Should You Ever Lie on Your Résume?

As a professional resume writer, HR manager, and career coach for over 10 years, I have come across this controversial issue more times than I can count.

Let’s say you have been actively pursuing employment for over a year and keep being told you’re overqualified by recruiters, so you start thinking to yourself, “maybe I should remove some of my older jobs or change the job titles to something less managerial.” For example,  if you wanted to effectively lie on your resume, you’d want to remove the job title of your previous employer from District Sales Manager to Sales Representative and remove any verbiage related to leading teams or managing daily operations. Obviously, this might make you appear less “overqualified” and in return prompt the reader of your resume to consider you for the job. While this may actually happen, you must use caution and think about the long-term repercussions of such an action.

Can a job seeker be jailed for lying on their resume? The short answer is no, but there may be other serious consequences which I will explain below:

Scenario #1 – Lying on Your Resume:

You have been unemployed for quite some time and decide to lie on the resume by exaggerating your experiences, altering your actual job titles to read differently, removing dates from older jobs, leaving the dates of your most recent employer as (still presently working) even though you were laid off, eliminating jobs altogether, or even worse – including degrees from colleges that you never earned. Keep in mind that employers try to verify EVERYTHING before hiring you and it is very likely they will find out one way or the other. Not only are some of these tactics unethical and could get you fired down the road, but it is considered fraudulent and could hold some legal ramifications in certain situations. While it is unlikely someone could get jail time for lying on a resume, civil damages could arise if something happens at the job that causes harm to the business or a client of the business and they later find out you lied about your credentials on the resume. To put this into a more simple perspective, just don’t do it!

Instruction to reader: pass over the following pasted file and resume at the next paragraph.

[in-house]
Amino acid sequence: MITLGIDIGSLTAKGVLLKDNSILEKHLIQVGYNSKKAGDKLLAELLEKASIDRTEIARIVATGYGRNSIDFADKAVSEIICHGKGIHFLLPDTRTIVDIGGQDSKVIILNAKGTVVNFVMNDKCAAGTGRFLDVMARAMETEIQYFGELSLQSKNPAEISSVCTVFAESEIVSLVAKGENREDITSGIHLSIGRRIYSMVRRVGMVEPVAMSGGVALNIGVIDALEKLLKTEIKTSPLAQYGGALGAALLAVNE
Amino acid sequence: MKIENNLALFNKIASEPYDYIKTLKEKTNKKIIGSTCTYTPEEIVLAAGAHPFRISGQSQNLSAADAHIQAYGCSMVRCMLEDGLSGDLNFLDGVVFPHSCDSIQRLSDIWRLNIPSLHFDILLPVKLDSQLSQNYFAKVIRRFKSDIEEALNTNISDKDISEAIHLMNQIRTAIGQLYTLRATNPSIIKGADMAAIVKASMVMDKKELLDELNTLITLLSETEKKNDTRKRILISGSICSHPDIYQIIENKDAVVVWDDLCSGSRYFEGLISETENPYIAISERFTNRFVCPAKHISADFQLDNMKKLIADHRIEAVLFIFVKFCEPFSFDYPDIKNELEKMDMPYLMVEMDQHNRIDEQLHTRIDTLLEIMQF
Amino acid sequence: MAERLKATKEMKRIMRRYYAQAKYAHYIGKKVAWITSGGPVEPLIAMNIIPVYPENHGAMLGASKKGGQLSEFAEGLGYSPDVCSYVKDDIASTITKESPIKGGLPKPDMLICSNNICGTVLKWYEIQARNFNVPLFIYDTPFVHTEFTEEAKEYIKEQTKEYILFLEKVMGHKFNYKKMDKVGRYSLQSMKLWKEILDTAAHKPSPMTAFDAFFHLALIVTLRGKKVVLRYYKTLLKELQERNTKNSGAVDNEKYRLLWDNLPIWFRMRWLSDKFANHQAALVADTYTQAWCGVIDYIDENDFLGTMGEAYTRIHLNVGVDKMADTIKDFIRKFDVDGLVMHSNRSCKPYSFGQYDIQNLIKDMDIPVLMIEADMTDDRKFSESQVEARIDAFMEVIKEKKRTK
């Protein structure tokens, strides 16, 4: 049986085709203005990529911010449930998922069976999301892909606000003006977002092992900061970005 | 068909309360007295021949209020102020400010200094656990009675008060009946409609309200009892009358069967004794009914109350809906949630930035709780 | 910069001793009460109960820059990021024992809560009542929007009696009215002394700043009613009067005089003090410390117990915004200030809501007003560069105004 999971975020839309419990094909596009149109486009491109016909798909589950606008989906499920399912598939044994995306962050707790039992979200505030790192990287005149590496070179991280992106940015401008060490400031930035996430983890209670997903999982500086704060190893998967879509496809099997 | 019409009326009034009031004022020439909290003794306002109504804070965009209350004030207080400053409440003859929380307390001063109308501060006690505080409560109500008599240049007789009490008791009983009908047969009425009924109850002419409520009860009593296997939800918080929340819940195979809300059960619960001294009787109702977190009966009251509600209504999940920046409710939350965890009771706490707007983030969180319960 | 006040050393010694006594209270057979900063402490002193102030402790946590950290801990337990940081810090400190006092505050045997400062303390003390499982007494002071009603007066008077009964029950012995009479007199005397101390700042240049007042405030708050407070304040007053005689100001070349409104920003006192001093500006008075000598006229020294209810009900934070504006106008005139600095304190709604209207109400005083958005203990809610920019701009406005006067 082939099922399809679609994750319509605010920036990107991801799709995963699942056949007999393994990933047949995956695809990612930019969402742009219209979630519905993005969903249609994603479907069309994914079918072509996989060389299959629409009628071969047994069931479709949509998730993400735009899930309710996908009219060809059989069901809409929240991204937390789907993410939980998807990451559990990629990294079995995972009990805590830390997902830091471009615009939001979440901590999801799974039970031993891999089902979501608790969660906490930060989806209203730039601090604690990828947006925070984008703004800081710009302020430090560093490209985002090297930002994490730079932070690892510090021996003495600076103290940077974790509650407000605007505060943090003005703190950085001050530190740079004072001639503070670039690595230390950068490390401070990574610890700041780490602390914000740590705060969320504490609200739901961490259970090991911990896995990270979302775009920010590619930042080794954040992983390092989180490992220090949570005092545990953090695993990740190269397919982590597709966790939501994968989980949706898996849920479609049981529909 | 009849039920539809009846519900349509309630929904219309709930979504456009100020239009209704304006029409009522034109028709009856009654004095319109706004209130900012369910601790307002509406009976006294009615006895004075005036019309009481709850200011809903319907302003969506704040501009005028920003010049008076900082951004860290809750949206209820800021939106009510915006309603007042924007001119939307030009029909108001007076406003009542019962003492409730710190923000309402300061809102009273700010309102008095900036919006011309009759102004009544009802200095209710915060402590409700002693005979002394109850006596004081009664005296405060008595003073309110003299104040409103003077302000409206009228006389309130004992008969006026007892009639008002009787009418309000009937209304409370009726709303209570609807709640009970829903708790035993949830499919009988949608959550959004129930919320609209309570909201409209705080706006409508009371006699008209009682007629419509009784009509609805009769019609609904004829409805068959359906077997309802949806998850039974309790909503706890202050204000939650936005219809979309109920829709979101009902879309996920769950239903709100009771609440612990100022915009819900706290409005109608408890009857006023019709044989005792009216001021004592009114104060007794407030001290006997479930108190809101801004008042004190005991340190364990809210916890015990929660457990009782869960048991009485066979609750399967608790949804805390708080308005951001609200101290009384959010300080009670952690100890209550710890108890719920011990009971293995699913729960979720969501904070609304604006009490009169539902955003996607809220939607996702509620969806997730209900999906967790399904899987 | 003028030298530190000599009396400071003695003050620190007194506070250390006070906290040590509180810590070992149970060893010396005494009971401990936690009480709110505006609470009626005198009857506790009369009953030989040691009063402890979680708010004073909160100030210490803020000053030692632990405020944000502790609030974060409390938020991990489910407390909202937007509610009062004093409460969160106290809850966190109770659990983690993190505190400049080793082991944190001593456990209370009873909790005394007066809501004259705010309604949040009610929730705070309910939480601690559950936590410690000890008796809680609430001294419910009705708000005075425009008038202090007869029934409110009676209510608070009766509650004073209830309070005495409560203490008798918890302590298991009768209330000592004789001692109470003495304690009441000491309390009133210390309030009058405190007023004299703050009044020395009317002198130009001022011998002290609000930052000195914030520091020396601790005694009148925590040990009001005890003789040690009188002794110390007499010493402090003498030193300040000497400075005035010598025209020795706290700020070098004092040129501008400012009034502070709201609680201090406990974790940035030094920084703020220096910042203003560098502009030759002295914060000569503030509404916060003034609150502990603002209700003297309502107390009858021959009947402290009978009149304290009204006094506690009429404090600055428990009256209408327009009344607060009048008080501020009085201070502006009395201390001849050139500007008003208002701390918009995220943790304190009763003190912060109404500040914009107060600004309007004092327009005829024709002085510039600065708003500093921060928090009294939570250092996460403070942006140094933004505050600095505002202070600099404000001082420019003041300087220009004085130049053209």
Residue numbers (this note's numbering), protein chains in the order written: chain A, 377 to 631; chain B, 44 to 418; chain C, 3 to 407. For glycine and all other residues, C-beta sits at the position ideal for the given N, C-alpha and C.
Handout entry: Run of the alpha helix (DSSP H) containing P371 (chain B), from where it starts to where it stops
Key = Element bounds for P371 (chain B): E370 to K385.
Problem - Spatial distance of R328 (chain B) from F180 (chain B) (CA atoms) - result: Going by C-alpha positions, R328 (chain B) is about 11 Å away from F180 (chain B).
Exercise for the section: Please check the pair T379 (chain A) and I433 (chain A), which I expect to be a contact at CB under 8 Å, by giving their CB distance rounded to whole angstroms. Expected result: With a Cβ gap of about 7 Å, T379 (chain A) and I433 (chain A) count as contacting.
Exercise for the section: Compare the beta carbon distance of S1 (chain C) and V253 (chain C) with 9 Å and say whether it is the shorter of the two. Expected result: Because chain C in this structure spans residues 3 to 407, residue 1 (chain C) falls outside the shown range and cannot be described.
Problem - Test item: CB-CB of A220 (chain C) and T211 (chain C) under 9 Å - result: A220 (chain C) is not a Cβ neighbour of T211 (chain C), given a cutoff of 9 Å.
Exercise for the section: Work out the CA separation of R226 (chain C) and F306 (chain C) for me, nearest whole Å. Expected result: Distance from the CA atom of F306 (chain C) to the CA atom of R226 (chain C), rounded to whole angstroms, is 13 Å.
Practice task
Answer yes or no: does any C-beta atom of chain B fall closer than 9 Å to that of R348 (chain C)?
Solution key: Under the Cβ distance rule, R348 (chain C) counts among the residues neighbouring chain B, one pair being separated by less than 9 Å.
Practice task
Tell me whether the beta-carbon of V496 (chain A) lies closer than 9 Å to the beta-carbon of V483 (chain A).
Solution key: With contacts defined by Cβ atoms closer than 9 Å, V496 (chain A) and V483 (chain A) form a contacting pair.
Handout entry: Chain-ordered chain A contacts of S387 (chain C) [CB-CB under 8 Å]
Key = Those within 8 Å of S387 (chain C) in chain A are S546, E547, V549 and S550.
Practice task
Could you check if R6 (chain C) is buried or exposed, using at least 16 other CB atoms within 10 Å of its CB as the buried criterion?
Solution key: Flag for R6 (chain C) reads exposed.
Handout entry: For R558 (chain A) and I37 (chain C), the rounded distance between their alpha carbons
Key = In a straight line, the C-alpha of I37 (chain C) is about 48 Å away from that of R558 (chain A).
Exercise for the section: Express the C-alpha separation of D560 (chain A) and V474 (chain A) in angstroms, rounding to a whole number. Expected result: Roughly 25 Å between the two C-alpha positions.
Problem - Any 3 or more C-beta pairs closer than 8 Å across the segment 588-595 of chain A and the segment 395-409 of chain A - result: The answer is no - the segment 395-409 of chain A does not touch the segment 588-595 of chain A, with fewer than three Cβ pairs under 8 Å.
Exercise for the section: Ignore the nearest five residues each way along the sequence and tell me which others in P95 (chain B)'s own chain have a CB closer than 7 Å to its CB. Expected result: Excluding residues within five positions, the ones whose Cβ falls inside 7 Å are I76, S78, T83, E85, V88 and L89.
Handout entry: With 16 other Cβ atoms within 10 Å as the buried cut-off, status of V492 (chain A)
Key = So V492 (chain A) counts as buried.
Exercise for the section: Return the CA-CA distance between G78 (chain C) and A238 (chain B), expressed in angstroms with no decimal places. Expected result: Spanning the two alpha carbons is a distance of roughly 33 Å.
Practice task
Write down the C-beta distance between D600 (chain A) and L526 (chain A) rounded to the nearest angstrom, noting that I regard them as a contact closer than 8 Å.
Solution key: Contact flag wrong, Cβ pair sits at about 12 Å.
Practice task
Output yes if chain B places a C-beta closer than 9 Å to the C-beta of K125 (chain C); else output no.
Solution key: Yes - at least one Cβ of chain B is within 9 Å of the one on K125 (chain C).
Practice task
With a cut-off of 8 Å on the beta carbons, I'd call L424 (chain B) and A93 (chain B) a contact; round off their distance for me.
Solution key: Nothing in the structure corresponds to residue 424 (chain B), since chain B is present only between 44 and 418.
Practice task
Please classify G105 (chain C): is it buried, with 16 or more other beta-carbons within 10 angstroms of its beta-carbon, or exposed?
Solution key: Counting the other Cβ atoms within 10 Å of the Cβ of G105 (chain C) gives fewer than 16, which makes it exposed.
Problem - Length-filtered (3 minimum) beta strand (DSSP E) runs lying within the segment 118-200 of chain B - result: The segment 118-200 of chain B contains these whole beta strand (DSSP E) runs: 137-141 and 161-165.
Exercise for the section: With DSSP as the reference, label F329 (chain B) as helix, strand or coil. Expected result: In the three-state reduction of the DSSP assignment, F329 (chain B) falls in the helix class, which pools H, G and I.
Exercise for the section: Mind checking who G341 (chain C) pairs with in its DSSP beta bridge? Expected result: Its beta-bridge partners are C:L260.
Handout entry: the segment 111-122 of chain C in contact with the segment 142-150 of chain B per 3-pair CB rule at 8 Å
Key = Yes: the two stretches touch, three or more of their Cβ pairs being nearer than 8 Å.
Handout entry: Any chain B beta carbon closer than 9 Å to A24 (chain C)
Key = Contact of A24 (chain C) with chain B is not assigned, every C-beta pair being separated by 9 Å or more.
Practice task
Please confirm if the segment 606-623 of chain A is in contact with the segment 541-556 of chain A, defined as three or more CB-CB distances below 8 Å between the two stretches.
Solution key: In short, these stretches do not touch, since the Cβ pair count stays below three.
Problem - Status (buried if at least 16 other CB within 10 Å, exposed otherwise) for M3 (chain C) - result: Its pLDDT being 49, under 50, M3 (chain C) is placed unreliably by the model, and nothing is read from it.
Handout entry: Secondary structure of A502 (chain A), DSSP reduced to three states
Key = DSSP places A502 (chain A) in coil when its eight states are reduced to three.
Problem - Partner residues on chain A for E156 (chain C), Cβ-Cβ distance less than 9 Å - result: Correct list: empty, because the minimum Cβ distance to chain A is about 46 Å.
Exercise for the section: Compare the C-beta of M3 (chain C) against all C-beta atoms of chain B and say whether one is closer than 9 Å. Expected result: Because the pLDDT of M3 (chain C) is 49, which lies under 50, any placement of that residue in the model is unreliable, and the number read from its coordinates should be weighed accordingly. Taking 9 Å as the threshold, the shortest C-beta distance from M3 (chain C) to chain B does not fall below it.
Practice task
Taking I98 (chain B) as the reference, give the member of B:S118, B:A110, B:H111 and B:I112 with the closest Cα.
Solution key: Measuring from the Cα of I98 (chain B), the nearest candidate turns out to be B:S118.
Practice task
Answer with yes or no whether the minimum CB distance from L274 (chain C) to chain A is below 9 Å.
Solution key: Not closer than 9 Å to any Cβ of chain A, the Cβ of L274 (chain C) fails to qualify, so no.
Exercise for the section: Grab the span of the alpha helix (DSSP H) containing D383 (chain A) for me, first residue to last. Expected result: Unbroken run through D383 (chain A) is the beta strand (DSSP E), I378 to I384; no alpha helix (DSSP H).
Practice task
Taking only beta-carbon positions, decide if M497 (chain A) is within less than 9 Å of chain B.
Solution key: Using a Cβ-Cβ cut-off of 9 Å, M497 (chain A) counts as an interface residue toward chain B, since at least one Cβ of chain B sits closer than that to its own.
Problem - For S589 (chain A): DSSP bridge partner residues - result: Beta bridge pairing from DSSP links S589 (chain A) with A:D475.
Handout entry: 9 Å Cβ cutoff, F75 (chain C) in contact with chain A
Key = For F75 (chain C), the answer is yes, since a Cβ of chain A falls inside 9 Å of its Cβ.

Scenario #2 – Being Truthful on Your Resume:

You are still unemployed after several months of hiring-manger rejection and job turndowns, but not selling your soul to the Devil is more important than deceiving your way into a new career. While this might subject you to some hard times ahead in the short term, the long-term benefits will be far greater because when you do get the job, you won’t get fired for lying! Yes, recruiters may be telling you over and over again that you are overqualified. However, this should not deter you from your better moral judgment. Instead, their discouraging words should motivate you to start targeting jobs where your qualifications balance with the level of requirements and set your sights a little higher. Doing this will not only help you find a more stable career path, but it will increase your chances of gaining a higher salary.

In today’s economy, we see many job seekers selling themselves short by applying for jobs they are overqualified for out of pure desperation. This is understandable if you were laid off unexpectedly, but if you are still employed and looking for a new career, plan ahead and keep your resume fresh. Effective career management strategies such as making sure you have at least a three-month stash of funds to hold you over can greatly benefit the outcome of your job search. Anxiety during a job search is never good, and one should never succumb to lying on their resume to get a job. Prepare yourself ahead of time and I can almost assure you the process will go much smoother than expected.


Is there any benefit at all to lying on my resume? The only benefit to lying on your resume would be getting a job that you are not really 100% qualified for. You are not only putting a business in a bad position by doing this, but you are harming your career as well. While you may find employment much quicker by doing this, more than likely your boss will eventually find out and fire you. If you get into the habit of doing this and end up “job-hopping”, your resume will become even less effective in the future. How are you going to explain why you only lasted a few weeks at your last three jobs? Don’t even think about hiding these jobs from your resume because employers can always see who you worked for by using your social security number. If you’ve ever had a credit check done, you should know that the reports sometimes show the name of your prior employers. There are many ways for them to find out.

In summary, it is just best not to lie on your resume at all if you want a rewarding, long-lasting career.

Author: Justin Olsen works for

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